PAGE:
What type of reactions have no ternary complex formation?
How does temperature affect the function of an enzyme?
Increase temperature will increase molecule collisions and it will increases the internal energy of molecules
Eventually denautres the enzyme
How does pH alter the function of an enzyme?
pH changes the charge of an amino acid, can stop the active site functioning if the amino acids in the active sites change charge.
Extreme pH will denature the enzyme
pH will affect the substrates
What effect does a competetive inhibitor have on the Vmax and Km?
Km increases (since affinity active site has for the enzyme substrate complex decreases)
What is an example of a transition state anologue?
What does a catalytic antibody resemble?
It resembles the active site of the original enzyme, since it is specific to a transition state molecule
What effect do non-competitive inhibitors have on the Vmax and the Km values?
V max will decrease - inhibition remains the same regrdless of the change in substrate concentration
Km remains the same as the substrate is still able to bind to the active site
Which type of inhibitors bind in an rreversible manner?
Those that bind in a covalent manner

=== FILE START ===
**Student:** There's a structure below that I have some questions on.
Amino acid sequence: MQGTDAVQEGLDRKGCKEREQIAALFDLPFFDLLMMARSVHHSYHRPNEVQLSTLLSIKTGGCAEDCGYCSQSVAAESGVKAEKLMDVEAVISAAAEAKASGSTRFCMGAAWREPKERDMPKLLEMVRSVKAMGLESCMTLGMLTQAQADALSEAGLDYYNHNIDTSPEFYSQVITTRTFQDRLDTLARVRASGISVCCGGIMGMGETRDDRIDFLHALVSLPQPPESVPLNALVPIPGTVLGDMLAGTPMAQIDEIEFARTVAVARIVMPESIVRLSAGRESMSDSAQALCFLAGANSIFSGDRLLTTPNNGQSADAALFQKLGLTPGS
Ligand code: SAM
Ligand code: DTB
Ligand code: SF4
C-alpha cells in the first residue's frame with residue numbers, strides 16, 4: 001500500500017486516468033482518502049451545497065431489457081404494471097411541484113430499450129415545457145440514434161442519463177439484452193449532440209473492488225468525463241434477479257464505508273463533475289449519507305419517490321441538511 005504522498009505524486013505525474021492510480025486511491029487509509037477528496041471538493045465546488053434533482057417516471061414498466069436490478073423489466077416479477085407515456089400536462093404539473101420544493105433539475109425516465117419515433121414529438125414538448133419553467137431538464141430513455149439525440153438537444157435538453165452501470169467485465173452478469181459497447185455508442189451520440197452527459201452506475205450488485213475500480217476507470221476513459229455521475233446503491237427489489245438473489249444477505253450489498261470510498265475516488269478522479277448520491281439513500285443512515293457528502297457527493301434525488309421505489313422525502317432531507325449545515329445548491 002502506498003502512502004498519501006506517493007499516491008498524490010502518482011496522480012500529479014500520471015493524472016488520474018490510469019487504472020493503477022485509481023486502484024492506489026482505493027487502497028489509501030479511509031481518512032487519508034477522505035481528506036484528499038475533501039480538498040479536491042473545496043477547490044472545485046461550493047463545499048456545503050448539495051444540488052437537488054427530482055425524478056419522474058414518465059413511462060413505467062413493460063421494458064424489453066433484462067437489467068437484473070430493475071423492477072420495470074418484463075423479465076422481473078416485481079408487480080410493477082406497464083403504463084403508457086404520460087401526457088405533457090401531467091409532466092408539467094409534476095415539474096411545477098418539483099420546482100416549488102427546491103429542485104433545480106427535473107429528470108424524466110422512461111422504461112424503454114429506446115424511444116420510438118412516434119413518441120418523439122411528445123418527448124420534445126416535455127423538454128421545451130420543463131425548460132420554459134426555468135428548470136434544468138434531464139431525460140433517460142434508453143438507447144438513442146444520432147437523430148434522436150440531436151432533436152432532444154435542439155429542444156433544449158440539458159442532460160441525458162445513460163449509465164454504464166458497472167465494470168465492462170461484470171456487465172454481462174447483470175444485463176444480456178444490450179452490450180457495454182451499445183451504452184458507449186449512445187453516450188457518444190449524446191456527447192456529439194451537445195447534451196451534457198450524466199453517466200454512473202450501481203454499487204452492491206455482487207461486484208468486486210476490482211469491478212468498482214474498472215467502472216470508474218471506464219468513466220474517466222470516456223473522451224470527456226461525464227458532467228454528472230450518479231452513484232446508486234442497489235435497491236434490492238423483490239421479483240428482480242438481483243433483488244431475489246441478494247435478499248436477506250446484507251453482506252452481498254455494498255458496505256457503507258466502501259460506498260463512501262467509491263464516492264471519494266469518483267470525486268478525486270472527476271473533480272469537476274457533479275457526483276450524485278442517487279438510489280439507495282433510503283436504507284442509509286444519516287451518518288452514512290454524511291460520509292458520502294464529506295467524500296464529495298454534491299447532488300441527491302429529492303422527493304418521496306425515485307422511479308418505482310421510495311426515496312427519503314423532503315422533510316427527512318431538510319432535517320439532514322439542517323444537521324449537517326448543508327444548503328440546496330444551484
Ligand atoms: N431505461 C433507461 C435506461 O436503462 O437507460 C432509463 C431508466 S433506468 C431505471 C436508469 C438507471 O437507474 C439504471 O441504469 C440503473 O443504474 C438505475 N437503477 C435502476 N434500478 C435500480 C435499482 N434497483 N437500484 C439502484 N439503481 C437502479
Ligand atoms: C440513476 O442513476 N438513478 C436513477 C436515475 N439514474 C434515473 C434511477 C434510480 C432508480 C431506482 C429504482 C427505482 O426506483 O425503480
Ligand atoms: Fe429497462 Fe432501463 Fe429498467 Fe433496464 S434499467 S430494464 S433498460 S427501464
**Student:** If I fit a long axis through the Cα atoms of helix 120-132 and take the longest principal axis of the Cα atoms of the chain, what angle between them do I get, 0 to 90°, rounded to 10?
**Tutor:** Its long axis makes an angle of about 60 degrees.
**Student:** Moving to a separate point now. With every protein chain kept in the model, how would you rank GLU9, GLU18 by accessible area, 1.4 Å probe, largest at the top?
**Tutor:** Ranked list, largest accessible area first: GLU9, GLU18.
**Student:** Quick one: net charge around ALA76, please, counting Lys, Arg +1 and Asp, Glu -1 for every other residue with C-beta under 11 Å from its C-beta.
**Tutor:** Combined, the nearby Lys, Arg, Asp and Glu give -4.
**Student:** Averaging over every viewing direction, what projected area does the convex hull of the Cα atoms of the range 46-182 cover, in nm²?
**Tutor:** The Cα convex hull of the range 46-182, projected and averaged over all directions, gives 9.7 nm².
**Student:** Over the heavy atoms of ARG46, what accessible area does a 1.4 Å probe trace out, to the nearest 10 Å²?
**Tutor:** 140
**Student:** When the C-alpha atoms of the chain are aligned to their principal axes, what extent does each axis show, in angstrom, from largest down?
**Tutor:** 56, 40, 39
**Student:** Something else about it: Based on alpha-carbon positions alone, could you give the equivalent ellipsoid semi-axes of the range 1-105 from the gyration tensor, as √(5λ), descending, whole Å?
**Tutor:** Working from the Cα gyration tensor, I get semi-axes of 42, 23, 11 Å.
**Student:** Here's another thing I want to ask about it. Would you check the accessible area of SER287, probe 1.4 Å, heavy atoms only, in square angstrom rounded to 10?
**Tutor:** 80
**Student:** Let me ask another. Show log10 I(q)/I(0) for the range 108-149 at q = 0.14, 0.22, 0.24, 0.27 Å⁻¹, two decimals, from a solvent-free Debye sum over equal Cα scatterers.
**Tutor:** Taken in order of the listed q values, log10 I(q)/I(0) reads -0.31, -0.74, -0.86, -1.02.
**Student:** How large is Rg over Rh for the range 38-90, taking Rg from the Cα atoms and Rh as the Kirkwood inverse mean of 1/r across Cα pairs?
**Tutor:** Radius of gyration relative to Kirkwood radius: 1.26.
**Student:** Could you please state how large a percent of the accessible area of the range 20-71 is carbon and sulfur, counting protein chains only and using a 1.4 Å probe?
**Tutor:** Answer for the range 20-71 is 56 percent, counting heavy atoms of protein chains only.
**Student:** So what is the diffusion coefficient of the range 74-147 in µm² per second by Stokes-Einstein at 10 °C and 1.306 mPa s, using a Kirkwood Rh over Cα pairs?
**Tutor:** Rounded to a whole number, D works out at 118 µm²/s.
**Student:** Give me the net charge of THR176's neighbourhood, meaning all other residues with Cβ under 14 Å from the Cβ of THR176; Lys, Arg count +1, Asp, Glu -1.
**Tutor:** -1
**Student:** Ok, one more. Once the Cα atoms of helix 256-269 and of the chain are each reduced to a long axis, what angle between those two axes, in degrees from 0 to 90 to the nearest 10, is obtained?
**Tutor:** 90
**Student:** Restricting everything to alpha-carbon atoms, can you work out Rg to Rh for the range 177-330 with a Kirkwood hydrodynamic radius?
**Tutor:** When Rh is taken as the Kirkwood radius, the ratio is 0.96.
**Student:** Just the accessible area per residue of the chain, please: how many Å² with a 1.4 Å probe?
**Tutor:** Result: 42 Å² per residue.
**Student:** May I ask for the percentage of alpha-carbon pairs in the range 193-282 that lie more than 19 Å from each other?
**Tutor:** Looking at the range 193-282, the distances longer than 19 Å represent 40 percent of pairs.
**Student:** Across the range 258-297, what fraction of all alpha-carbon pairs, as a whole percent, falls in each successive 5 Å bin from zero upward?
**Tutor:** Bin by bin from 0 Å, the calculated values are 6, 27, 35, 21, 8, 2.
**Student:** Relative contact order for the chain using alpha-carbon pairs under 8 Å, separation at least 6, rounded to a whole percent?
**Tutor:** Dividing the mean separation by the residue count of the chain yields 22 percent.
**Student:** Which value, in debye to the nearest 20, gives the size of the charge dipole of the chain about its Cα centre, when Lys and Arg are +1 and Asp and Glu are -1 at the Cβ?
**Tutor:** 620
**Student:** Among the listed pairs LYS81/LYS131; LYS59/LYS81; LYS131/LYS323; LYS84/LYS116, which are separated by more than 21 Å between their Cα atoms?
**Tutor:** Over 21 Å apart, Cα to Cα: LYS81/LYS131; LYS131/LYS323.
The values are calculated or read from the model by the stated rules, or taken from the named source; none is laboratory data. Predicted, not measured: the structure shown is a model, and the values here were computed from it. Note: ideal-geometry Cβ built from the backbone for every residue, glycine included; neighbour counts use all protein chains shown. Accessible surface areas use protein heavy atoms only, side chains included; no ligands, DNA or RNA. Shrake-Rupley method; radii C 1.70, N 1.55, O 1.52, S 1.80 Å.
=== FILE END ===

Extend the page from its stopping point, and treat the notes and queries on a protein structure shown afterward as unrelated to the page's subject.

Which enzyme in a pathway holds the regulatory step for that pathway?
Often the first one in the pathway
What are the regulatory types of enzymes called?
Allosteric enzymes and covalently modified enzymes
What is feedback inhibition?
When there is a build up of an end product in a pathway or a key junction in a pathway that ultimately slows down the entire pathway
How is the change in the structure of an enzyme brought about in allosteric control?
An allosteric effector (usually a metabolite) binds non-covalently to a site on the enzyme that is not the active site, changing the enzymes structure
What are the two different types of allosteric effectors?
Activators and inhibitors
How does the concerted model show how a small amount of substrate increases an enzymes sensitivity to a substrate?
Concerted model suggests that enzyme sub-units are always flipping between two conformational formations
Binding of S to one substrate locks the other subunits in the same conformation
How do allosteric inhibitors and activators function in the concerted model?
Activators - stabilise the the open conformation, allowing S to bind more effectively
Inhibitors - stabilise the ‘closed’ conformation and make it difficult for S to bind effectively
How does the sequential model show how a small amount of substrate increases an enzymes sensitivity to a substrate?
Substrate binding causes a change in ONE sub unit, this causes a change in another sub-unit allowing it to bind to S more readily
What enzymes are responsible for covalent modification?
Protein kinases (add phosphoryl groups to proteins)
Protein phosphatases (remove phosphoryl groups)
What do multiple phosphorylation sites allow?
Very fine control of enzyme funciton
What is an inactive precursor of an enzyme called?
A proprotein or a proenzyme
What can be produced when a proprotein is cleaved?
Give an example of a an enzyme that is regulated by proteolytic cleavage
Trypsin - activated in the small intestine
Its precursor trypsinogen is formed in the pancreas
Describe the bonding between a protein and :
- A prosthetic group
- A coenzyme
Prosthetic group - Tight bonding (sometimes even covalent bonds)
Coenzyme - Loose bonding